Long hair is a commitment. Time will need to be set aside for conditioning treatments, and of course you’ll need regular trims to keep it looking fresh. But that said, nothing feels better than a long, luxurious mane. It’s the ultimate symbol of good health, and when it’s thick and shiny, it’s the only accessory you’ll really need. These vitamins and foods definitely boost hair growth.
Ticks to Increase your Hair
“This vitamin helps improve hair strength because it’s a potent antioxidant and helps in the production of collagen.” High collagen means healthier, more elastic roots. “Also, anything high in antioxidants will reduce damage and boost oxygen supply to the roots.” Vitamin C is water-soluble so toxicity through supplements is very rare. “But people tend to overdo supplements so it’s essential to take them under the guidance of a doctor or nutritionist.”
“The body doesn’t retain this B vitamin because it’s water-soluble and therefore, gets flushed out.” Hence, it needs to a part of your daily diet. “This vitamin makes the hair look thicker”. It’s incredibly uncommon to be deficient in biotin because we can get it easily from food. However, if your hair and nails are brittle, one of the causes could be a deficiency. You need a very small amount of biotin in the day and it’s best to get it from natural sources.
“This is an essential vitamin for cell growth so it’s important for hair too.” It’s usually not easily available from food, therefore supplementation may be required under expert supervision. “But don’t overdo vitamin A—it’s fat-soluble so your body cannot flush it out that easily.” Batra recommends only a few weeks of supplementation at a time, as it can cause toxic overload if taken for long periods.
“These essential fatty acids protect your hair and help in regrowth.” They also help bring down inflammation, which is responsible for many scalp conditions that lead to hair loss. A lack of Omega 3 can make your mane look rough and dry. Conversely, when you increase its intake it leads to lush, shiny hair. If you’re going for a supplement, look for one with the highest amounts of EPA and DHA, as they are the active ingredients in the fatty acid.
“Doctors consider this the ultimate superfood for hair, especially for vegetarians, explaining that the amino acids and protein in lentils (including beans and chickpeas) may be limited but are better utilised by the body. “They are also packed with zinc and biotin.”
“Because it’s rich in iron, folate and antioxidants, spinach helps boost hair and scalp health.” Get your daily dose by tossing the leaves in a salad, making a soup, or blitzing them into a smoothie. Add a squeeze of lemon with your spinach as the vitamin C helps the body absorb iron more effectively.
Fish and eggs
“They’re complete proteins and are packed with vitamin D and omega 3.” By complete proteins, Batra means that they contain adequate amounts of the all essential amino acids. Keratin, a structural protein is made by amino acids, so they are important for thicker, denser and boost hair growth.
More research still needs to be done, but some studies suggest a link between vitamin D and hair loss. Example: Women with hair shedding had lower vitamin D levels than women with healthy hair, according to a Skin Pharmacology Physiology study. Plus, Koff says calcium is a key mineral in building healthy hair and nails (note: you need vitamin D to absorb calcium). Of course, vitamin-D fortified milk offers both, but speak to your doctor about a vitamin D supplement if you think you might be deficient.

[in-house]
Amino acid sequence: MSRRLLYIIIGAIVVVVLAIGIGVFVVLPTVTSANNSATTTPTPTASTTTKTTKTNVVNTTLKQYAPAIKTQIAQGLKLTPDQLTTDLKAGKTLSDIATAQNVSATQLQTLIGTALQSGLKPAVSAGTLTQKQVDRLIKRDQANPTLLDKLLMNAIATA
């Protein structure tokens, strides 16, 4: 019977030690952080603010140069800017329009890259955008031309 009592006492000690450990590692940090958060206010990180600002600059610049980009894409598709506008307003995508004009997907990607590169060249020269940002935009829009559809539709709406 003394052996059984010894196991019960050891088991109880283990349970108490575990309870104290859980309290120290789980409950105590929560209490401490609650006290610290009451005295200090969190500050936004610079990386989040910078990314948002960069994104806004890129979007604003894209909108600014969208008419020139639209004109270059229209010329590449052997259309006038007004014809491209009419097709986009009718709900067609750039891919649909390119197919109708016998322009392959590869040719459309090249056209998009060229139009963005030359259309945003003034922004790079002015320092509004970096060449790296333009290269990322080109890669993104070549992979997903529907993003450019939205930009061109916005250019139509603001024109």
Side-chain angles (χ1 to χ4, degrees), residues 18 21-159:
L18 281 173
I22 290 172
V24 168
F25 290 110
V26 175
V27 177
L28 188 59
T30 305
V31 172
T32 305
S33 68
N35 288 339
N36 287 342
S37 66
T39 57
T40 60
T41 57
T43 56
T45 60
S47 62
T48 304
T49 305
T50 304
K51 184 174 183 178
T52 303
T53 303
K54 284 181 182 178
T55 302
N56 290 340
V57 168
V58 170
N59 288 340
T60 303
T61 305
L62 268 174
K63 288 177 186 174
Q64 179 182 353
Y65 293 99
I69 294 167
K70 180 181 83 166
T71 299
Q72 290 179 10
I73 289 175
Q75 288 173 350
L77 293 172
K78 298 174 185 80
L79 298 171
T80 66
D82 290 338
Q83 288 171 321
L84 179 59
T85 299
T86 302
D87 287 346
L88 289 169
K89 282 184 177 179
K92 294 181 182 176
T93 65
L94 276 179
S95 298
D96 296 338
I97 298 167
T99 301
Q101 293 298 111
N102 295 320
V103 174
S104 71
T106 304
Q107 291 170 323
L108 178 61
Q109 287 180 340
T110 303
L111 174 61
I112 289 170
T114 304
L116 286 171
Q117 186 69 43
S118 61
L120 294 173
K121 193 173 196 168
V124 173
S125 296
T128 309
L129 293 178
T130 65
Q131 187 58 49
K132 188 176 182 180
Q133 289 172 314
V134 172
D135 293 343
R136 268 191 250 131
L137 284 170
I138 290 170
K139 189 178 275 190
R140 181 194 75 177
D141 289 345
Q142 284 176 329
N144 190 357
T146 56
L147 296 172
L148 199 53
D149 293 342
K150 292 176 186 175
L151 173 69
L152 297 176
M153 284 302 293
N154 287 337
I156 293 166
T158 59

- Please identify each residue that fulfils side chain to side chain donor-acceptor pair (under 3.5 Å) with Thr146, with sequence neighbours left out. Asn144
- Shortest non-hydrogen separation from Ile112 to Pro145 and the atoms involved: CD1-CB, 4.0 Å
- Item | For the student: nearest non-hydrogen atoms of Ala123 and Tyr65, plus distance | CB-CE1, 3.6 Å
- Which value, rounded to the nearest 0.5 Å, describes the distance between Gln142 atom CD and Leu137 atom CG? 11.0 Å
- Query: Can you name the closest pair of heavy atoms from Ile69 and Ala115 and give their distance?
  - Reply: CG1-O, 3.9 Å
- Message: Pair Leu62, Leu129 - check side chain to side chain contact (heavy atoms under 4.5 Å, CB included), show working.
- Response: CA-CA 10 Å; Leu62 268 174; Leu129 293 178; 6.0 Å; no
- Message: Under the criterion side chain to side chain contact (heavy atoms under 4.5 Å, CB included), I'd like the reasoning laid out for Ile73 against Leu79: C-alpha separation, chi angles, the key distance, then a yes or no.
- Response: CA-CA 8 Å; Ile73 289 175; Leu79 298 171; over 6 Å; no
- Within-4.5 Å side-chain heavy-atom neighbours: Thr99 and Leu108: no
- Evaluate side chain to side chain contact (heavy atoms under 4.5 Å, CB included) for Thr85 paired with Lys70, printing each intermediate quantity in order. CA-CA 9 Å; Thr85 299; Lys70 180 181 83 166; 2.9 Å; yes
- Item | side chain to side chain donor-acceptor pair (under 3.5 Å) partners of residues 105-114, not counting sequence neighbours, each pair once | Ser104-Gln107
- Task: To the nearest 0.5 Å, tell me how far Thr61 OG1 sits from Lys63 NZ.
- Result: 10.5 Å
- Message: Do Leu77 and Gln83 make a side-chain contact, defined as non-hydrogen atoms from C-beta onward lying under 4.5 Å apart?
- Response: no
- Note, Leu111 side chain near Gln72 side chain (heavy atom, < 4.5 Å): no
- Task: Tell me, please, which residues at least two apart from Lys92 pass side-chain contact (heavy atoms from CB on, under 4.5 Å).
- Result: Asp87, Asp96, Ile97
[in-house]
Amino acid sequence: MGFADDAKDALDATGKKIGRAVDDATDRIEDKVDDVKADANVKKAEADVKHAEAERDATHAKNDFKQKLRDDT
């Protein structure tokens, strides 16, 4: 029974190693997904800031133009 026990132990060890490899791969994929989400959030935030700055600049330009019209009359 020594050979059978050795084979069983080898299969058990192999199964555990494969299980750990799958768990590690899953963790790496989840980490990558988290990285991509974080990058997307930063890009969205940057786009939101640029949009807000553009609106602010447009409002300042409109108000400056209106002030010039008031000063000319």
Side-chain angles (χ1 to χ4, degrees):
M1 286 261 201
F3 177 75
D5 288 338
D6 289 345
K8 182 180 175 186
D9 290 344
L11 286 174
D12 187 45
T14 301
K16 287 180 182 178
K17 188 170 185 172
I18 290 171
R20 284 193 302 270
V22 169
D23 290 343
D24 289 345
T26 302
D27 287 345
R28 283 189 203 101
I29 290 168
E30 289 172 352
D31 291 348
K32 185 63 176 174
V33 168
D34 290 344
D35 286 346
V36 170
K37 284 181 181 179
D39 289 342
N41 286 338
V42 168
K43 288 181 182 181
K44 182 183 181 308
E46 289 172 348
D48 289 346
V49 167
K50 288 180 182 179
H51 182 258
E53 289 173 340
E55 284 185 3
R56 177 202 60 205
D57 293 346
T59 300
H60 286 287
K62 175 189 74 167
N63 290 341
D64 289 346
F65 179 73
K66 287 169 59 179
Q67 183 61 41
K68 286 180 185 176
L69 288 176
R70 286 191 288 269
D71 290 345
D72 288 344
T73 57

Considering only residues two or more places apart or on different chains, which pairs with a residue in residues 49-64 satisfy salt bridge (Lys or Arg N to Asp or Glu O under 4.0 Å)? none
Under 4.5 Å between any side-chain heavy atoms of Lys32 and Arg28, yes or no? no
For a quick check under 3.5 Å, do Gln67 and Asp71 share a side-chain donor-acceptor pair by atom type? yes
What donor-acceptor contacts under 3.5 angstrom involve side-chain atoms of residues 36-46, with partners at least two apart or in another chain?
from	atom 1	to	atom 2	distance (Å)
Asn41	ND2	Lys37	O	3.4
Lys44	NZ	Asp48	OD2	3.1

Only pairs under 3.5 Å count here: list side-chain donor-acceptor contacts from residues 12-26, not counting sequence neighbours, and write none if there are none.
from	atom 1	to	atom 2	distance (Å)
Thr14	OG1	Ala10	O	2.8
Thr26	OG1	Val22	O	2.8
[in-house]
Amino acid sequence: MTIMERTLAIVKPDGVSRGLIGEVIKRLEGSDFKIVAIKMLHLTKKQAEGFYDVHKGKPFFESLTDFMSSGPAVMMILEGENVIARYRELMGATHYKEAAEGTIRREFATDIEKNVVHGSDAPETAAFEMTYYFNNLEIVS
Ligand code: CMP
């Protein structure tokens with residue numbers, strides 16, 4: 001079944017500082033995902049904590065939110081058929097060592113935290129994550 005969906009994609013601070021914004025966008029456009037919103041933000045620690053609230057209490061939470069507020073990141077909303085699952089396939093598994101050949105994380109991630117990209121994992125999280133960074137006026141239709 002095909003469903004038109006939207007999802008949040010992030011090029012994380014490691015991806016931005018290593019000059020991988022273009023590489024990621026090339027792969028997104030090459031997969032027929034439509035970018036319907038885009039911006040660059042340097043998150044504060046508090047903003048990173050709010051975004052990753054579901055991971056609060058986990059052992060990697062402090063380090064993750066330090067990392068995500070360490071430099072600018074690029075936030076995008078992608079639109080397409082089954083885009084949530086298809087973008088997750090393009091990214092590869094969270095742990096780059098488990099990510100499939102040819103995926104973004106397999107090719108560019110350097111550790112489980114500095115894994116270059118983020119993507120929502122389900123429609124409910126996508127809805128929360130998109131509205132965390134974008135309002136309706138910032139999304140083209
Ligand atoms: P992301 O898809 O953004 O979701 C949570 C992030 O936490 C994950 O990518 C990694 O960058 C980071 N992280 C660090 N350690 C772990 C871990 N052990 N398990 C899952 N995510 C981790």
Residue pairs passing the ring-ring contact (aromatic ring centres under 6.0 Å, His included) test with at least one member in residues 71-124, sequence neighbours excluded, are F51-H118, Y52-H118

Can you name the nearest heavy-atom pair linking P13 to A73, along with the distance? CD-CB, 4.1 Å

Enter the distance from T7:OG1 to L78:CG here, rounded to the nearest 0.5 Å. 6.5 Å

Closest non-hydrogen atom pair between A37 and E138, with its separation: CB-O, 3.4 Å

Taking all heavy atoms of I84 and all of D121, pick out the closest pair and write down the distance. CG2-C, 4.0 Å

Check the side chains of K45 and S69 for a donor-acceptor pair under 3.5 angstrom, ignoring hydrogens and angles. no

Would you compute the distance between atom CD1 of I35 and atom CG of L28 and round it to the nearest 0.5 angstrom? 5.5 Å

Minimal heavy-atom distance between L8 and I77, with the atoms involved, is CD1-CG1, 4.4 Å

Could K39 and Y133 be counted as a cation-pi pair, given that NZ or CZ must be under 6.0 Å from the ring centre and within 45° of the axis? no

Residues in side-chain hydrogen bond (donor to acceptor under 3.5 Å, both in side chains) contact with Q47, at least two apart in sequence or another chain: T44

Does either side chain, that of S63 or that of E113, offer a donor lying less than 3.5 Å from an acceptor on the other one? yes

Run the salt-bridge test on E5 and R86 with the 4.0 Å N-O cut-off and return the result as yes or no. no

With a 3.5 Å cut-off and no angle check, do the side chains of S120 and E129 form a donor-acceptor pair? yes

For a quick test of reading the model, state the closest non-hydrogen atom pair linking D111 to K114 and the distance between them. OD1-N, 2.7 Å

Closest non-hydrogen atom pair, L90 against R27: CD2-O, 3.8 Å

Eggs are a good source of protein and contain some vitamin D, and they also have biotin. “Biotin, a B-complex vitamin, may play a role in the development of keratin,” says Dr. Zeichner, who explains that patients with biotin deficiency often have weak hair and nails.
Salmon is a good source of biotin and protein, along with omega-3 fatty acids, which reduce inflammation, and promote healthy, moisturized skin. And don’t forget, your scalp is skin, too: “A healthy scalp means healthy hair follicles, which mean healthy hair,” says Dr. Zeichner. Omega-3s’ inflammation-reducing effects are also good for your nails.
Rats deficient in selenium (a trace element linked to protection against oxidative stress) have sparse hair growth, says a study in PLoS One. Just six to eight Brazil nuts meet almost 800% of your recommended daily value, according to the National Institutes of Health.
To keep your strands strong and luscious, snack on some walnuts. They are chock-full of two secret ingredients for gorgeous locks: omega-3s (which keep your hair hydrated) and vitamin E (which repair damaged follicles. Plus, walnuts also contain copper, which studies have shown may keep your natural color rich and stave or premature grayness
Stop your Hair Fall nowtop hair fall
Eating coconut oil may not may not magically transform your mane, but applying this food directly to your hair could actually do wonders. That’s because it contains proteins that are essential to revitalize damaged hair. Try rubbing a pea sized amount of oil between your fingers and then applying it to the ends of your hair or halfway down your strands, to keep it shiny and frizz-free.
“Your hair needs protein to produce keratin, the proteins that make hair strong,” says Dr. Zeichner. “If hair doesn’t receive enough protein, it can go into a ‘resting phase,’ causing noticeable hair loss,” adds Beth Warren, author of Living a Real Life with Real Food. Try adding a scoop of whey protein to your morning smoothie for simple boost. (Bonus: Whey protein may help control your appetite. In one study, people who drank whey protein ate 18% less two hours later than those who drank a carb-heavy beverage.)